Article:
John Derbyshire has written an interesting article for National Review Online on the making of an artificial genome of a one celled creature. It is not quite artificial life, but it is close. Derbyshire's point is not journalistic, to report on a scientific advance, but philosophical, to declare the end of metaphysics and vitalism. This is a remarkable leap of logic. To say that because we can manipulate strands of DNA in the laboratory, and because we have "decoded" the genomes of several creatures, including man, that "life is essentially information" and thus we have removed any possiblity of mystery or of spirituality from nature and life. This is modern reductionism at its worst.
Mr. Derbyshire goes further, he invokes the Freudian view that religion is a delusion created to avoid the fear of death. Several generations of atheists have patted themselves on the back for being truly "courageous," completely rational, and fully accepting of the implications of modern science without ever questioning their own assumptions and the gigantic gaps in knowledge that their view of science prevents them from discovering.
At the top of this list is conscience and the sense of moral obligation. Immanuel Kant, in spite of his profound agnosticism, saw this as clear evidence of the existence of God. It is rather easy in your 20's and 30's to boast of your courage in rejecting religion, while never disclosing that your real motivation is to be free of moral restraint. Most people dislike the idea of God because they see Him as the enemy of their pleasures.
To return to the argument about the manipulation of the DNA of a single celled creature to make a new lifeform as a deathblow to metaphysics and vitalism. Just because we have acquired godlike knowledge that enables godlike power to manipulate lifeforms doesn't mean we have proven there is no God nor a non-physical, spiritual reality. We must keep in mind the fact that naturalism requires that DNA and all the creatures that inhabit this planet are the product of the random forces of nature. It is one thing for intelligent human beings, with all their equipment and technique to manipulate the chemistry to "create" a new single celled creature, it is another for the purely chance processes of nature to do the same thing. In fact, the chances of it happening accidentally is beyond any real possibility. It is unquestioningly accepted by evolutionists because they assume right from the start that there is no supernatural source thus it must have happened through natural processes. They allow themselves no other option than nature. We shouldn't be surprised, then, when they declare the end of metaphysics.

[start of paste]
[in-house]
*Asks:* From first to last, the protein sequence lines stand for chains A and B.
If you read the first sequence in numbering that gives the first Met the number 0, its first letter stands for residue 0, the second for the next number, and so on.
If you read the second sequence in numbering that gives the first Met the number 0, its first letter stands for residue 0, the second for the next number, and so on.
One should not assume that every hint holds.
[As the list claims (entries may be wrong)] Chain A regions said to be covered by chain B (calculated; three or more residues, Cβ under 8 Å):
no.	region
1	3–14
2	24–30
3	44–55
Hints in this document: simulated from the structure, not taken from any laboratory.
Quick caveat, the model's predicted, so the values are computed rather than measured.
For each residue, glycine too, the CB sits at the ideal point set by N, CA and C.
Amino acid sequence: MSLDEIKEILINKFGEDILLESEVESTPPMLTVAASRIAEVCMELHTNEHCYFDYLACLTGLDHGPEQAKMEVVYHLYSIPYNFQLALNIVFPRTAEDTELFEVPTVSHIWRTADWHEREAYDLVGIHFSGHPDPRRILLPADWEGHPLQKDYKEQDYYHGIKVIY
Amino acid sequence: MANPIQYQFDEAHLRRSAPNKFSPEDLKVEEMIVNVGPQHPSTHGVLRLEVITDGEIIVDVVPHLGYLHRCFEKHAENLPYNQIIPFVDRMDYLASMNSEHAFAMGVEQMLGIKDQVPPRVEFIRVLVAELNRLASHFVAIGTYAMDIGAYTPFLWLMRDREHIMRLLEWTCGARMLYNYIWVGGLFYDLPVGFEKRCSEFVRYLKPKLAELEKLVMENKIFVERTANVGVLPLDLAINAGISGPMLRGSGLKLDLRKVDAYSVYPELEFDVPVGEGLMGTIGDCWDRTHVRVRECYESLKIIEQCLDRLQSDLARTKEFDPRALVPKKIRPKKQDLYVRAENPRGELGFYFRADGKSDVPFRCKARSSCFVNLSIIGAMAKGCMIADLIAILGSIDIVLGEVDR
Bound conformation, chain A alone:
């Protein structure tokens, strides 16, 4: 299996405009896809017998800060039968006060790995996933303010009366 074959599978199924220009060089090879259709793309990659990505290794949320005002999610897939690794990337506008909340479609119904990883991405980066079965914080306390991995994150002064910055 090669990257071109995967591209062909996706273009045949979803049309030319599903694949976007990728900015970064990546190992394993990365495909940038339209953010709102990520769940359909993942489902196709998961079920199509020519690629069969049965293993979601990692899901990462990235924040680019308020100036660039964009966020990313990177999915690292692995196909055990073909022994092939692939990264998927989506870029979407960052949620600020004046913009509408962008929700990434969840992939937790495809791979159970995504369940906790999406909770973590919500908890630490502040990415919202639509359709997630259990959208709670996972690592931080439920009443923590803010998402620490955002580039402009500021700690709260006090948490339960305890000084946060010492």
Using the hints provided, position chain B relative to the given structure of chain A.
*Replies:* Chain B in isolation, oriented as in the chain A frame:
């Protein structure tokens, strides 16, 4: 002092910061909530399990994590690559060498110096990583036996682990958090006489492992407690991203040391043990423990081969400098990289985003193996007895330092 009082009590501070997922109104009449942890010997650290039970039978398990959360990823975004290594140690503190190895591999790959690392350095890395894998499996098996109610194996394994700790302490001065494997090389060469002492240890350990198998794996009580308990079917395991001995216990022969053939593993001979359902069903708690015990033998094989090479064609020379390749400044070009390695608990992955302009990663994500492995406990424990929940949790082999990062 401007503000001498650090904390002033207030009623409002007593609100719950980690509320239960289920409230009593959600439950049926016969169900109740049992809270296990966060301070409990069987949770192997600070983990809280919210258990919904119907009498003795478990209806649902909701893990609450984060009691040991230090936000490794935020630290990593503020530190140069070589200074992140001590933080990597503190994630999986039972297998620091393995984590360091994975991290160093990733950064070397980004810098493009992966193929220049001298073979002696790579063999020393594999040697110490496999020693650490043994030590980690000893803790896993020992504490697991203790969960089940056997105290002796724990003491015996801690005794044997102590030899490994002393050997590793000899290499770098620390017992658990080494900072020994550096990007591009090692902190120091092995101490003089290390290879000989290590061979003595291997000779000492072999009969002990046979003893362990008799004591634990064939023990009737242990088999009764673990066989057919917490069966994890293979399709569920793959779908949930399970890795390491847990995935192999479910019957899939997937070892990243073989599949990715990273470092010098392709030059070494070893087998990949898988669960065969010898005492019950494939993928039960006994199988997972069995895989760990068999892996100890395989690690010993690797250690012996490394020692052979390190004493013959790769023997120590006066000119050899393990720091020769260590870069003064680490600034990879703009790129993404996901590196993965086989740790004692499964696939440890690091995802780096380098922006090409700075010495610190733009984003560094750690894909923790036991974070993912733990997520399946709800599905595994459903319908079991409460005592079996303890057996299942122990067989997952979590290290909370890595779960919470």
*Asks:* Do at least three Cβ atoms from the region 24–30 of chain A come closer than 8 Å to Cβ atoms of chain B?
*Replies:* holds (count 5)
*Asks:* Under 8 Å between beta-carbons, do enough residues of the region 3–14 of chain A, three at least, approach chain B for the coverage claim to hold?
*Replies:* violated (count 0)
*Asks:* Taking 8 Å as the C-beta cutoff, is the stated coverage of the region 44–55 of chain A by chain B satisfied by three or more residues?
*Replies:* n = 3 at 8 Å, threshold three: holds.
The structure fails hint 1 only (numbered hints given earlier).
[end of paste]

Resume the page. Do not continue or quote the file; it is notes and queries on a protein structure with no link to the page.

I am no fan of vitalism, but I understand the reason that many thoughtful writers, such as Gordon Ratty Taylor and Will Durant, have resorted to it. It provides a purposeful explanation for the amazing levels of organization and complexity we see in organic life. Even as great a critic of religion as Fredrich Nietzsche declared, "The development of matter into a thinking subject is impossible." He understood the utter inadequacy of pure materialism (matter is all that exists) to explain the world in which we live. There are far too many creatures, which all display levels of intricacy and design that defy any possibility of a chance explanation. Vitalism is the attempt to explain design and purpose by means of a "force," in other words without resorting to a personal creator God. The problem is that forces don't provide design or purpose. Forces are powers or tools that must be directed by intelligence which is ultimately personal. If we are going to invoke purpose and design, we are left with only one choice, a personal God.
Bio-engineering is a remarkable field. We certainly shouldn't deny its potential for curing disease, and improving life, but we must also be wary of its potential for abuse. We are not gods and we need to proceed very cautiously in assuming power over life, even the life of single celled creatures. In addition, our knowledge of nature is not as great as we think it is. We are basing many of our conclusions on unwarranted (and often unconscious) assumptions that we will surely come to regret. The Bible tells us, "The fool has said in his heart, 'There is no God.'" (Psalm 14:1) Even in this era of dramatic scientific advances foolishness is alive and well.